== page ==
Date Posted: July 25th, 2022
Courtesy of bowl.com
Written by Gene J. Kanak
Grand Rapids, MI – The 2022 Junior Gold Championships concluded Saturday when six champions were crowned after the stepladder finals in the 18-and-under, 15-and-under and 12-and-under divisions at Fairlanes Bowling Center.
This year’s roster of champions included Brandon Bohn of Jackson, New Jersey (U18), Landin Jordan of Sycamore, Illinois (U15) and Isaiah Durflinger of Beavercreek, Ohio (U12), in the boys divisions. The champions on the girls side were Erin Klemencic of Powder Springs, Georgia (U18), Avery Domaguin of San Diego (U15) and Sadrianna Erb of Farmington, New York (U12).
More than 3,200 United States Bowling Congress Youth members competed at Junior Gold 2022, traveling across eight bowling centers in the Grand Rapids area in hopes of winning a sizable portion of the approximately $500,000 scholarship fund, making a run at a national title and claiming a spot on Junior Team USA.
BowlTV.com livestreamed competition throughout qualifying and the double-elimination brackets from four of the eight centers, along with Saturday’s stepladder finals.
With the finals in each division being broadcast by BowlTV, the top overall seed for the stepladder had to be defeated twice in the true double-elimination format.
Brandon Bohn of Jackson, New Jersey, successfully defended his U18 boys title and collected his third Junior Gold national championship overall by defeating Carter Street of Dublin, Ohio, 247-202 during the final match of the 2022 Junior Gold Championships.
Brandon started quickly once the title match began, opening with a four-bagger to jump out to a 32-pin lead by the fifth frame.
Things grew a bit uncomfortable in the minutes that followed, however, as Brandon failed to convert a single-pin spare in the sixth frame and then left a 3-7 split in the seventh.
From the crowd, Brandon’s father, PBA-legend Parker Bohn III called out, “Just take one, kid,” knowing that with the lead in hand, the pin count could be helpful to Brandon down the stretch.
It’s hard to argue with the advice of a PBA Hall of Famer; nevertheless, Brandon chose to go his own way, trying for the conversion, which he pulled off to thrill the crowd and keep his 21-pin lead intact with just three frames to go.
“My dad’s my mentor, so I usually listen to him when he me gives me advice,” Brandon said. “But I knew I couldn’t afford two opens in a row against a great bowler like Carter, so I went for the make. I think that was the only time I picked that split up all week.”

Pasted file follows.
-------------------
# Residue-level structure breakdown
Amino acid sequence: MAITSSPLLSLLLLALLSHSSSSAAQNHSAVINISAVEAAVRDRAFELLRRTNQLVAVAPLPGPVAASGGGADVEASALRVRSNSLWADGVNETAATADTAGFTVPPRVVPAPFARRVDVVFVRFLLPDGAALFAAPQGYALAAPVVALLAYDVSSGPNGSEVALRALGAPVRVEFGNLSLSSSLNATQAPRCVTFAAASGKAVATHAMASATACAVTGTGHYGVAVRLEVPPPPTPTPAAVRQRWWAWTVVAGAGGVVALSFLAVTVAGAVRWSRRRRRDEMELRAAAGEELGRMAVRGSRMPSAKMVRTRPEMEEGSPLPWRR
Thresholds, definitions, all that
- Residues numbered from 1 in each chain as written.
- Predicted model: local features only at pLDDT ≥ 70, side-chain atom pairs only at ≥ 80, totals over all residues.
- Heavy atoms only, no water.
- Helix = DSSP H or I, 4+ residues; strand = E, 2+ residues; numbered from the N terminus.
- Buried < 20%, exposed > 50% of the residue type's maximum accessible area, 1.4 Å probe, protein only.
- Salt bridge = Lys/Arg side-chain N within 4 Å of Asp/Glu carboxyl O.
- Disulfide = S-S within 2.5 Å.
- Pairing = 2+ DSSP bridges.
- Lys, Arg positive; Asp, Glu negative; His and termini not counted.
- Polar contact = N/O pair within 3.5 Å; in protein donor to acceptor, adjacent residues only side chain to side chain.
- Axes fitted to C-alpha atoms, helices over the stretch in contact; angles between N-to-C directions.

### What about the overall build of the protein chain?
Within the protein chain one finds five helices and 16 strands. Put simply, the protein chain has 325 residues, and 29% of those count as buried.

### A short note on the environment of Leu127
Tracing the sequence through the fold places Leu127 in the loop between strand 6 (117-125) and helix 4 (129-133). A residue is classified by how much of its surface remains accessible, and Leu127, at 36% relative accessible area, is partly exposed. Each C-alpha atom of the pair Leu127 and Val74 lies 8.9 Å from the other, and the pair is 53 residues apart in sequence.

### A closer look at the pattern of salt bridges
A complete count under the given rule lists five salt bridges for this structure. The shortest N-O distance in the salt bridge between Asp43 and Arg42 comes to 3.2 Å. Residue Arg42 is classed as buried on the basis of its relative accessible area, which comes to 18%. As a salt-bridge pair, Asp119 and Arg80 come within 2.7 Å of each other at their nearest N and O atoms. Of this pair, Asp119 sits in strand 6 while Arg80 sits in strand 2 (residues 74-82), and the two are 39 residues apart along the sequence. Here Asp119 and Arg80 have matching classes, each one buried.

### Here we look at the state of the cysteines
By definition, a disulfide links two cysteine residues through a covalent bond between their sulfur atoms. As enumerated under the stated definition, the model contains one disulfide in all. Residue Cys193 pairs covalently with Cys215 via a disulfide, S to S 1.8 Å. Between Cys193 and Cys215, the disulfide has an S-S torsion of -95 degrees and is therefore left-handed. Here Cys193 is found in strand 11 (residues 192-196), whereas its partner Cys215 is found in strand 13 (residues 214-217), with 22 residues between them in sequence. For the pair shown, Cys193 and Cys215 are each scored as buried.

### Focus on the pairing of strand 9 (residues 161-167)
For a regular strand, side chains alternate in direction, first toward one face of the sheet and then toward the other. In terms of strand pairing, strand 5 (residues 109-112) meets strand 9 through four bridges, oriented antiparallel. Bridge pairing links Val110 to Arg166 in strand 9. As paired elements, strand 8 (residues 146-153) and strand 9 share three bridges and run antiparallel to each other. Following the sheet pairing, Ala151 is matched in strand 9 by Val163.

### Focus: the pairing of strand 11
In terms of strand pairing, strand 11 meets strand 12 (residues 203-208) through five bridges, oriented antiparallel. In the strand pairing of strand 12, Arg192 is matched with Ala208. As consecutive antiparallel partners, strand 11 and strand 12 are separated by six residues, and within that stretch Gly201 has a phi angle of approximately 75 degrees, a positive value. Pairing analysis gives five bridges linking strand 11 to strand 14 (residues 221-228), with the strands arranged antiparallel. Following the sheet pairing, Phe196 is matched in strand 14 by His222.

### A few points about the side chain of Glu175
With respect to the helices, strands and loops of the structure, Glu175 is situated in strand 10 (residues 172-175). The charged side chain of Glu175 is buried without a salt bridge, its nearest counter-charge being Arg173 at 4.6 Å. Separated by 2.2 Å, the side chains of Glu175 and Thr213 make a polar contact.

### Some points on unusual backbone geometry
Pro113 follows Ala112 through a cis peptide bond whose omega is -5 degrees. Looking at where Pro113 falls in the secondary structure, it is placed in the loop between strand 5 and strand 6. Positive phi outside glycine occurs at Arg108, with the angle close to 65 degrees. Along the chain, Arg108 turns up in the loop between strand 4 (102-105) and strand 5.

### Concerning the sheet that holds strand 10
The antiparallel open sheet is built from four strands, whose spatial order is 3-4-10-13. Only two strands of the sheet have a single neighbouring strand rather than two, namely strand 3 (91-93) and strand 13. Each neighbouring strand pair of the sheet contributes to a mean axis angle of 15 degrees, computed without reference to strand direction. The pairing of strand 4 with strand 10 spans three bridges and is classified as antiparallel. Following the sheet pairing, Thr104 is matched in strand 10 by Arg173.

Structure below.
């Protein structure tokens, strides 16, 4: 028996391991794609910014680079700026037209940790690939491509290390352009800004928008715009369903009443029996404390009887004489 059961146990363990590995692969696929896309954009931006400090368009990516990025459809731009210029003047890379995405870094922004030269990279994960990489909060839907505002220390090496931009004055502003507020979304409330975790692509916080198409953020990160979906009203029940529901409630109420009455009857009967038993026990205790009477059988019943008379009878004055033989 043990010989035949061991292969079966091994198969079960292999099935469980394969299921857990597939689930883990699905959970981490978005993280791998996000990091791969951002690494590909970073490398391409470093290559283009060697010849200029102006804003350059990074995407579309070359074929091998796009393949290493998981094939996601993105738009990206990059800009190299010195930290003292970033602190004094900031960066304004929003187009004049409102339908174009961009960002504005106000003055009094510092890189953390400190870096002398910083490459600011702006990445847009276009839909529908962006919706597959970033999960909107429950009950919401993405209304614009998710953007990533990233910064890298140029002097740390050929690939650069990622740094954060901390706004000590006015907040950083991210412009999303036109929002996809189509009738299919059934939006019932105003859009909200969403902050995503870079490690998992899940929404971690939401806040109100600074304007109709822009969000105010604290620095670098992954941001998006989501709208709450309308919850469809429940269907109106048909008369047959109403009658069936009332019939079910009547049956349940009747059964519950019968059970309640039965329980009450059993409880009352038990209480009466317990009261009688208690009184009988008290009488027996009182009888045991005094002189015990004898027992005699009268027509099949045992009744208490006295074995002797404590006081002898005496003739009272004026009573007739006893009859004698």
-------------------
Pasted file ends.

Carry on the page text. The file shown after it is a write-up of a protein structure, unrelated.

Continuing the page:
Carter did his best to give Brandon something to think about heading into the 10th frame, but the pins just wouldn’t cooperate. Once Carter failed to strike in the eighth frame, the match belonged to Brandon.
Just for good measure, Brandon threw a closing five-bagger to put the finishing touches on another Junior Gold championship performance.
Despite now having won three Junior Gold titles, Brandon was having difficulty putting into words what this year’s victory means to him.
“There really aren’t any words I can use to say how special this is,” Brandon said. “I got to watch Justin win the U20 title last week, then my dad left for a few days and got another PBA50 win, and now this happens for me. It’s all just been unbelievable; that’s probably the only word I can use to describe it.”
Having already won two previous Junior Gold titles, Bohn hardly needed any extra help while attempting to secure his third; nevertheless, he earned an advantage by coming to the stepladder finals as the U18 boys top seed.
Since Bohn entered the BowlTV telecast undefeated, Carter or No. 3 seed Hayden Tarris of Bettsville, Ohio, would have to beat him twice to steal the title in Junior Gold’s true double-elimination format.
Before taking Brandon on for the title, Carter kicked off the U18 boys stepladder with an electric performance, becoming the first bowler to ever shoot 300 during a stepladder finals match at Junior Gold.
The perfect game gave Carter a 300-206 victory over Hayden, whose outstanding week of bowling netted him a third-place finish.
Erin Klemencic of Powder Springs, Georgia, came away with the U18 girls crown by virtue of her 223-210 defeat of Annalise O’Bryant of Ball Ground, Georgia, during the live BowlTV broadcast of the stepladder finals.
The title match didn’t get off to the start Erin had hoped for as her opening shot found the right gutter. Nevertheless, she quickly regrouped by making the spare.
Erin then proceeded to throw a four-bagger in frames two through five to jump ahead of Annalise by 14 pins.
Annalise doubled in the fifth and sixth, and when Erin was only able to put up spares in the sixth and seventh, Annalise had a chance to take the lead for the first time.
It wasn’t meant to be, however, as a 2-4-8-10 split in the seventh followed up by a 2-8-10 split in the eighth all but doomed Annalise.
Showing the heart and determination that led her to a pair of U15 girls Junior Gold titles, Annalise didn’t give up, throwing strikes on three of her final four shots to finish at 210.